How to Better Align Sales and Marketing
As we’ve explored the essential role of sales enablement, one of the consistent themes that has run through each topic is the vital role marketing efforts must play in enabling your sales team to succeed. And since these two departments are responsible for generating interest in your product and earning revenue, the need for seamless alignment is equally important. So how do you ensure every employee stays in the loop? These simple strategies are a great way to start:
Keep your departments close and your leadership closer
If your sales and marketing teams are both onsite, keep them in close proximity. This allows marketing to sit in on calls or help craft customer communication emails without having to move around the office much. The shared space will create greater collaboration and make organizing cross-department meetings easier.
As for your VP of marketing and VP of sales, they should sit close enough together to each other’s deodorant preference. Jason Lemkin notes that strong sales and marketing executives should meet at least twice a week, even if there isn’t a specific agenda or action items that need to be discussed. Face-to-face time for this dynamic duo is too crucial to avoid. And your marketing leadership will be much better equipped to develop strategies to drive demand generation if they are living in a sales environment and witnessing what it takes in the day-to-day hustle to close deals.
Make objectives and results available to each department
It’s impossible to expect marketing and sales to align on goals if each department initiative isn’t clearly stated and easily available for any employee to access. Use collaborative tools and make a habit to review objectives and results regularly in department meetings. Determine specific ways the two departments can work together to assist in each other’s goals. For advanced companies that keep marketing accountable to a revenue commitment, it’ll be even easier to create a process to mobilize everyone toward achieving the bottom line goals.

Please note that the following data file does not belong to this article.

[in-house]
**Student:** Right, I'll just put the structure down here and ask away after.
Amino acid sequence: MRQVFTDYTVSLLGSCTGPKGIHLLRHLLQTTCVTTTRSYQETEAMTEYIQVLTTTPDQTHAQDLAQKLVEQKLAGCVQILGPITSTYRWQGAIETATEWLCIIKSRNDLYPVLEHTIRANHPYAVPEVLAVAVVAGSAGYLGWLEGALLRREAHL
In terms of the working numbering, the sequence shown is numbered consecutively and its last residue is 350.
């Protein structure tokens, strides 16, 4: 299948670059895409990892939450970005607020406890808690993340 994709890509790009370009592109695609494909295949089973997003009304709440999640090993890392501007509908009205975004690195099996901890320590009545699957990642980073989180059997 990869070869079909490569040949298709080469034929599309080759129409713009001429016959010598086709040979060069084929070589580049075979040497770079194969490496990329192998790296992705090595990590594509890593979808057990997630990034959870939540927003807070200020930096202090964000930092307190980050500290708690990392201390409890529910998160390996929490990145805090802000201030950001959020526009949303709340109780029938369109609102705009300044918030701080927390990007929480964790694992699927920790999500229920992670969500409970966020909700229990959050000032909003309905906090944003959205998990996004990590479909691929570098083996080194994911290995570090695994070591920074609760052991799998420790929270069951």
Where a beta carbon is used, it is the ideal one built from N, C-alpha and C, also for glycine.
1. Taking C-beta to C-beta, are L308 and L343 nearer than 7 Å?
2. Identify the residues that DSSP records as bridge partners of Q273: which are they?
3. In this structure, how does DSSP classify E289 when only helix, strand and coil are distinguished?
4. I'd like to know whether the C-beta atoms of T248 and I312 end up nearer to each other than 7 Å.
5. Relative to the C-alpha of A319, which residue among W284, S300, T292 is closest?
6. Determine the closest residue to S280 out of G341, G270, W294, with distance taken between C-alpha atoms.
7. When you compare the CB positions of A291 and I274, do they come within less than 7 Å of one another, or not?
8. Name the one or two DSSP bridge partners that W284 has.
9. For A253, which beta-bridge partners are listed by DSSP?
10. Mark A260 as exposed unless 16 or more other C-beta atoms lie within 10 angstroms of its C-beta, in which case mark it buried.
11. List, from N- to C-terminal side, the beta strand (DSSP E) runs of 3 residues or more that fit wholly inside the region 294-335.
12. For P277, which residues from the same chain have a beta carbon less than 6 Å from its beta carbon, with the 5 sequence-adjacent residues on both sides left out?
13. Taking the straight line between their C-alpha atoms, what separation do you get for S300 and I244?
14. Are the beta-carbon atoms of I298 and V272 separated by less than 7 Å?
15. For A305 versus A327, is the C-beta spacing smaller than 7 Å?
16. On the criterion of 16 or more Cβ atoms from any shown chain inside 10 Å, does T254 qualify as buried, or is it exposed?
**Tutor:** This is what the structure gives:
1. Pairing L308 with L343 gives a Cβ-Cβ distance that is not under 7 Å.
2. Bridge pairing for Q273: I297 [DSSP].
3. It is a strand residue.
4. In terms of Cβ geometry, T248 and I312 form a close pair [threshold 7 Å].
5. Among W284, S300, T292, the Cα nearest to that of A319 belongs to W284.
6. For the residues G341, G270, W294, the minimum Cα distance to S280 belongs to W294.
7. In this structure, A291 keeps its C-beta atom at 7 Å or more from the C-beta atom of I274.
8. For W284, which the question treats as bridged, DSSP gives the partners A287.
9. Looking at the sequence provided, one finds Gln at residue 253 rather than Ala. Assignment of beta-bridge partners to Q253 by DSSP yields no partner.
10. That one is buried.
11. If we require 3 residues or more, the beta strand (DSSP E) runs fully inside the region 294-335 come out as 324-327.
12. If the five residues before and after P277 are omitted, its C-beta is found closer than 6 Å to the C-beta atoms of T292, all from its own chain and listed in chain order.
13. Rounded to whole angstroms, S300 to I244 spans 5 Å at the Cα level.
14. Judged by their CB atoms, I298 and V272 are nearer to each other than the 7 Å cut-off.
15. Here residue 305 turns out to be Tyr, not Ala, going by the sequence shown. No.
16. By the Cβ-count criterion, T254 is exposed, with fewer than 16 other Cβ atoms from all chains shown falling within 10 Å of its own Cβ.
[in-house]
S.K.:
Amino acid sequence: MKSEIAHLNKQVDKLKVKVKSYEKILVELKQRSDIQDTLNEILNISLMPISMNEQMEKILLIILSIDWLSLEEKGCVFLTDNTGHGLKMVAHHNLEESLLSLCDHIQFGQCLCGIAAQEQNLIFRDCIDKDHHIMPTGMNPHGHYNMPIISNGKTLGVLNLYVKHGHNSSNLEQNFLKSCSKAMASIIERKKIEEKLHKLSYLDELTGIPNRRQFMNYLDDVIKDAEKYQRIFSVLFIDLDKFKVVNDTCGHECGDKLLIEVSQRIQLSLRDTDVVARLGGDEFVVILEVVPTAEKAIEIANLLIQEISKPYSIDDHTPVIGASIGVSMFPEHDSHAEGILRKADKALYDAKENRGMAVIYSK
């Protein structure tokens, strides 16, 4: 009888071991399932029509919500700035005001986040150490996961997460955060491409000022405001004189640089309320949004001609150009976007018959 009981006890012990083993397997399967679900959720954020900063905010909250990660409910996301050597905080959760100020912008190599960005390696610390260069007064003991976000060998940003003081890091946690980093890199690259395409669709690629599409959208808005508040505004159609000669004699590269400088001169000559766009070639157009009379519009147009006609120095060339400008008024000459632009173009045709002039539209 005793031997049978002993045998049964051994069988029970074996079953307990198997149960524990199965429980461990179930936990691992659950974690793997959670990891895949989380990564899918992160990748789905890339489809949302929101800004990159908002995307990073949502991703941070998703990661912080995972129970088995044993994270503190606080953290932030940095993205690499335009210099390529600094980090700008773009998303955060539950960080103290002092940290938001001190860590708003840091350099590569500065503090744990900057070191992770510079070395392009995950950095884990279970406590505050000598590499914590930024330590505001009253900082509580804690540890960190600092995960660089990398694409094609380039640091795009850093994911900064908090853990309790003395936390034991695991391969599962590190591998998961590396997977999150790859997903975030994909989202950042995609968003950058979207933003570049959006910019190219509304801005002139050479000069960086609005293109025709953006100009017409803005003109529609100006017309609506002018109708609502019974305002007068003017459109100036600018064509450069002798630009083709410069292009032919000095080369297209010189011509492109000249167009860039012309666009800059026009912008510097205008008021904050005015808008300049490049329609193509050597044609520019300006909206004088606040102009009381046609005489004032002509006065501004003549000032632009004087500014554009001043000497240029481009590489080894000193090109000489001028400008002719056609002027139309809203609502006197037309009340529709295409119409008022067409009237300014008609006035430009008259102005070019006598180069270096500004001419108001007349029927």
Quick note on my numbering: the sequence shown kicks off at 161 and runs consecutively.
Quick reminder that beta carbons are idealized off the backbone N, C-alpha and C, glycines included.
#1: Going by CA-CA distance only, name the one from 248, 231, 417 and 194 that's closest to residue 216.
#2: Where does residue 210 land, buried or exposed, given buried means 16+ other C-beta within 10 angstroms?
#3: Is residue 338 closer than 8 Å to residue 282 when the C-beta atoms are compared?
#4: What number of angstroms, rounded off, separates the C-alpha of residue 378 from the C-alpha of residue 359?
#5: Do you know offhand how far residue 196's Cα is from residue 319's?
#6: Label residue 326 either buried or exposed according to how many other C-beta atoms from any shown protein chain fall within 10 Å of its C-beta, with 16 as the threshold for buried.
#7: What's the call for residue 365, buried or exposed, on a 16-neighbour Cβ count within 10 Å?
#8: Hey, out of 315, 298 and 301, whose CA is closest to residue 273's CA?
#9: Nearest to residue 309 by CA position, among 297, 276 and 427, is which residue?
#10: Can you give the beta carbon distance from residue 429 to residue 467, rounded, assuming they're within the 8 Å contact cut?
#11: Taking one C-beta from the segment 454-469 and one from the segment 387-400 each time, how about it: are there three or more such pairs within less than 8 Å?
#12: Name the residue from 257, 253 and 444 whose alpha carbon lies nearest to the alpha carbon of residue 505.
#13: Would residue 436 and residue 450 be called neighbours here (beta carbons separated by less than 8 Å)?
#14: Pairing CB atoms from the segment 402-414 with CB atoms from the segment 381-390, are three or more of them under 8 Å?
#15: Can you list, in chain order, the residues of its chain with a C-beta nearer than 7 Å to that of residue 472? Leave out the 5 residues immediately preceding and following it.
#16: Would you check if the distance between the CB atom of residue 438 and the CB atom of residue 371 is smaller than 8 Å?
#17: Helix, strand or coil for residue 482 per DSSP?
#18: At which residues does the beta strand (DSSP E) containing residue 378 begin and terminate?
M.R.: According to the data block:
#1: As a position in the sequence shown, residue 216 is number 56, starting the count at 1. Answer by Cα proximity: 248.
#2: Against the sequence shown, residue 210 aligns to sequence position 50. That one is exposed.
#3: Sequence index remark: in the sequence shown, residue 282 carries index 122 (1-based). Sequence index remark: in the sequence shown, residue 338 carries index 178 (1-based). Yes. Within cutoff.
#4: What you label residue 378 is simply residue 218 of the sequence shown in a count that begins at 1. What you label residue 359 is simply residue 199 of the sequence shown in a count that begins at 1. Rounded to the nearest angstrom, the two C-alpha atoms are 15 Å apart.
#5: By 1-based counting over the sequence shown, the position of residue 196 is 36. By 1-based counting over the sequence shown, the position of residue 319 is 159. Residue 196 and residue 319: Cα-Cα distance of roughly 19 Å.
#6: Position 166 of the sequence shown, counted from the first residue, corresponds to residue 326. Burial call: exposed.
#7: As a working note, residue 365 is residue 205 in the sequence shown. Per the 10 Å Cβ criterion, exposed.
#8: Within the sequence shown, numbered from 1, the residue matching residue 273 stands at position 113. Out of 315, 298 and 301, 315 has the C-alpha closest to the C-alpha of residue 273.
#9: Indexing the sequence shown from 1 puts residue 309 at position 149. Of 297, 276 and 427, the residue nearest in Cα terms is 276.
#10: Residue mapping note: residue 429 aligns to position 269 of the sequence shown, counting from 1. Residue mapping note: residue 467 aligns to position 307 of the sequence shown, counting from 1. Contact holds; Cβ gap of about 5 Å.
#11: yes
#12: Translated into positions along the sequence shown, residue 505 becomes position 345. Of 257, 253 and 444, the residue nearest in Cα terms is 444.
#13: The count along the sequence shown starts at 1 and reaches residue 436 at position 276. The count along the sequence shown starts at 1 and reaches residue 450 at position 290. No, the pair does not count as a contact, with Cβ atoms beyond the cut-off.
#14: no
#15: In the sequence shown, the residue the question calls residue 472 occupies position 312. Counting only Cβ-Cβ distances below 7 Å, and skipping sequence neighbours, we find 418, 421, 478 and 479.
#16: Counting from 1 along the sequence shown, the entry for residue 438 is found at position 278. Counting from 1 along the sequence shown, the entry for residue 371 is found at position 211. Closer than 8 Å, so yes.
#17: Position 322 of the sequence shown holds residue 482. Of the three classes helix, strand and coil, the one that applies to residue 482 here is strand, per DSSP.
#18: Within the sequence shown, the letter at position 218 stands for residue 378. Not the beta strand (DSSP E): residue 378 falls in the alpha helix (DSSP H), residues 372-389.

Create cross-functional objectives
The C-suite needs to shout out the importance of marketing and sales alignment from the rooftops. But paying lip service to its importance won’t be effective if it’s not followed by incentives. Beyond the quarterly goals centered on qualified leads and revenue obtainment, create initiatives that require sales and marketing to coordinate in order to get the job done. This delivers additional motivation and builds stronger communication among the two teams. Content creation lends itself to cross-department collaboration. Sales and marketing can work together to write articles, develop language for pitching and brainstorm on general copy ideas.
Let sales sit it on marketing
Even if marketing serves to enable sales, alignment isn’t a one-way street. Recommending that marketing employees sit in on sales calls is wonderful and important, but carve out time for sales rep to return the favor. Account executives can benefit from attending pitch meetings or marketing planning to see how specific language can be used as a valuable tool to generate interest in the product. Let your reps spend time being creative and they will better understand the job of marketers and use these skills on sales calls. Don’t just rely on marketing to do all the work to make the two departments understand each other.
Beyond these three strategies, an overall effort to create a culture of collaboration in your organization is paramount. Leaders are required to be honest, direct and use the right tools to keep everyone focused on the top goals you need to achieve.